Thinking Skills You Don’t Have Aren’t Important.
So you have no idea how to keep records and accounts, or you don’t know how to maintain a mailing list. You need to learn these things! Too many home business owners just do the things that they know how to do, and assume that they can probably get by without everything else.
You need to realise that when you’re running a home business, you’re going to need to do as much as you can for yourself, especially when you’re starting out. This means that you can’t get by if your business skills are lacking. I always say that everyon’e who is thinking of starting a business should take an inexpensive and quick local business course, and I stand by it — even if you think you’ll be fine, it can’t hurt, can it?
Not Managing Your Time.
When you’re used to working nine to five, an easy trap to fall into is not managing your time effectively. Your home is full of distractions, and there won’t be anyone there to tell you to get on with it. If you’re prone to daydreaming or procrastinating then this can be disastrous — whole days can go by with only tiny amounts of work getting done.
You need to be sure that you have a schedule, and you stick to it. Draw a clear line between work and non-work time, and don’t cross the line in either direction. Apart from that, the word to remember is ‘prioritise': appreciate that you won’t always be able to do everything, but make sure you get at least the important things done.
Making Clients Think You’re a Joke.
There are many home businesses where clients might need to visit your home — but make sure it’s fit for visiting! You can’t lead them into a messy office, or be holding your dog back from barking at them when you first meet. Remember that professionalism is important, and it’s too easy to end up looking silly if you don’t plan how you’re going to make a good impression when you invite people to your home.
If you can’t afford a ‘business annex’ to your house, then consider hiring someone to look after your dog or children for a few hours while you have a business meeting there. It might also be worth paying a cleaner to give the place a quick once-over, if you haven’t had time to clean up for a while.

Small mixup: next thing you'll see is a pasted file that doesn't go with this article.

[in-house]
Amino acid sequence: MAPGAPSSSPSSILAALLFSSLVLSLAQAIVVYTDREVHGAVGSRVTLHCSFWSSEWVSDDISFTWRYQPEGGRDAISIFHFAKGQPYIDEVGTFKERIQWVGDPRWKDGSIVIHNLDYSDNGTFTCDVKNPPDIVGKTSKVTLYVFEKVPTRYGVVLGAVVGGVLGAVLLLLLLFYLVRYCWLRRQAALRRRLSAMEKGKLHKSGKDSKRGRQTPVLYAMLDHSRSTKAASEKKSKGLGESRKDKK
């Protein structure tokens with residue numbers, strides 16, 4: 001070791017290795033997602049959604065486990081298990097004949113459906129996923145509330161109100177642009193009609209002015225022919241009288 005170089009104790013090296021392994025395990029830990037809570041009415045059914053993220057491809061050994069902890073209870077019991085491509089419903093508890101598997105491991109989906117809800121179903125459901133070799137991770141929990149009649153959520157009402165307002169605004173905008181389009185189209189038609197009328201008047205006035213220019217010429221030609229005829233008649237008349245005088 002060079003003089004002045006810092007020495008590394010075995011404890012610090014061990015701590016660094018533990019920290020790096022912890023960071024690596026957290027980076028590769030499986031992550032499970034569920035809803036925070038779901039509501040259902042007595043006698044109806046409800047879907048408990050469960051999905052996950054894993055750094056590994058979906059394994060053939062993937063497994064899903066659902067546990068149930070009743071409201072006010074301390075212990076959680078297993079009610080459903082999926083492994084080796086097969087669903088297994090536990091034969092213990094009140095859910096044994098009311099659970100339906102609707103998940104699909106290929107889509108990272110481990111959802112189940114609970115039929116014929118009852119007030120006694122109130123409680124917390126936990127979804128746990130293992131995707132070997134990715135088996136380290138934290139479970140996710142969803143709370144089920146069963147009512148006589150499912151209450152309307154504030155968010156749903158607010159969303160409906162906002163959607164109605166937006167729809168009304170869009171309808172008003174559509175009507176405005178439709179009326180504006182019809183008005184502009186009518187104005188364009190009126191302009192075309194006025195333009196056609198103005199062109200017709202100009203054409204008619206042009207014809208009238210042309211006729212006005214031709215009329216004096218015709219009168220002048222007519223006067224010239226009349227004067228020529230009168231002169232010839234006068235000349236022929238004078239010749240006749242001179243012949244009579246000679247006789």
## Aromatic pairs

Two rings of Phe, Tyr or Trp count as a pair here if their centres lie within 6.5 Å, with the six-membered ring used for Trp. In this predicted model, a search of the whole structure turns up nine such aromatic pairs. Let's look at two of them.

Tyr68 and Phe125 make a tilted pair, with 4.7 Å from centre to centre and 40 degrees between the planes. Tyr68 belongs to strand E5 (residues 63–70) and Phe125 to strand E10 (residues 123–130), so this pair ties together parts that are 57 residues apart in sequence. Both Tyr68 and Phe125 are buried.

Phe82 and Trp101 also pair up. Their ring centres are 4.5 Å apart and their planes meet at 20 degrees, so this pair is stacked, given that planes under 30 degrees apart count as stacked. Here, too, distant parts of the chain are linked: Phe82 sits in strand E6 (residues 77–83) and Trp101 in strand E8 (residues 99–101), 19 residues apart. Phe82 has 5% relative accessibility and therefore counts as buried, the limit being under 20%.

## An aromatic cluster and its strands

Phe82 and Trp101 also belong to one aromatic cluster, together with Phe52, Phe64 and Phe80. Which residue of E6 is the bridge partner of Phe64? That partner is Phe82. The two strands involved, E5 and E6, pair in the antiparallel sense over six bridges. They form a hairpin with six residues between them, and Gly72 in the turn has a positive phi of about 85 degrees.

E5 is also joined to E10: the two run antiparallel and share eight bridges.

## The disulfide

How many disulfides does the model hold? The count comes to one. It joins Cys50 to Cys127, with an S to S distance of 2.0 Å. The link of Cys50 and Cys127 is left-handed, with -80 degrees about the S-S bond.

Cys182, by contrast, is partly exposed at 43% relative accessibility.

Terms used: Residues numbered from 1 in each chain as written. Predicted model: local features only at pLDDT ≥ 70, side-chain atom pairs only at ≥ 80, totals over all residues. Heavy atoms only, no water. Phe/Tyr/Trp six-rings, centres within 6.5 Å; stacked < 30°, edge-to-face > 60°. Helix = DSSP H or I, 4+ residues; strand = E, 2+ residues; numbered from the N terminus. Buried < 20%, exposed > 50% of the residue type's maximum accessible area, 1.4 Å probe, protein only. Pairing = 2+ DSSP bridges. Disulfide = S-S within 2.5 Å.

Too many home businesses, when asked who their target market is, say ‘well everyon’e, silly’. Your target market is never everyon’e — if it is, you will fail. You can’t just choose an industry and advertise your new-found profession to everyon’e, in the hope that someone will work out that the fact you’re an electrician means maybe they should ask you about re-wiring their house.
The key to success is this: think about what you can do, and then market that to people who will want it. Advertise in places where these people are. If your business has no target market, then you have no business, period.
Making Start-Up Costs Too High.
Finally, too many people overestimate how much money it’s going to take to start a home business. Do you really all brand-new equipment? If you’re spending thousands of dollars before you’ve made any sales at all, you’re setting yourself up for a disappointment.
Start your business on a shoestring, work hard, and expand gradually — otherwise you’re setting yourself up for a big fall. However much you might think you ought to do things ‘properly’, you need to make sure that you’re minimising costs and maximising profit every step of the way, otherwise you’re failing yourself as a home business owner. It’s when you start to get some bigger clients and better cashflow that you can start paying a little extra to make your business life more comfortable.
About the author:
Eric White – has developed a number of successful
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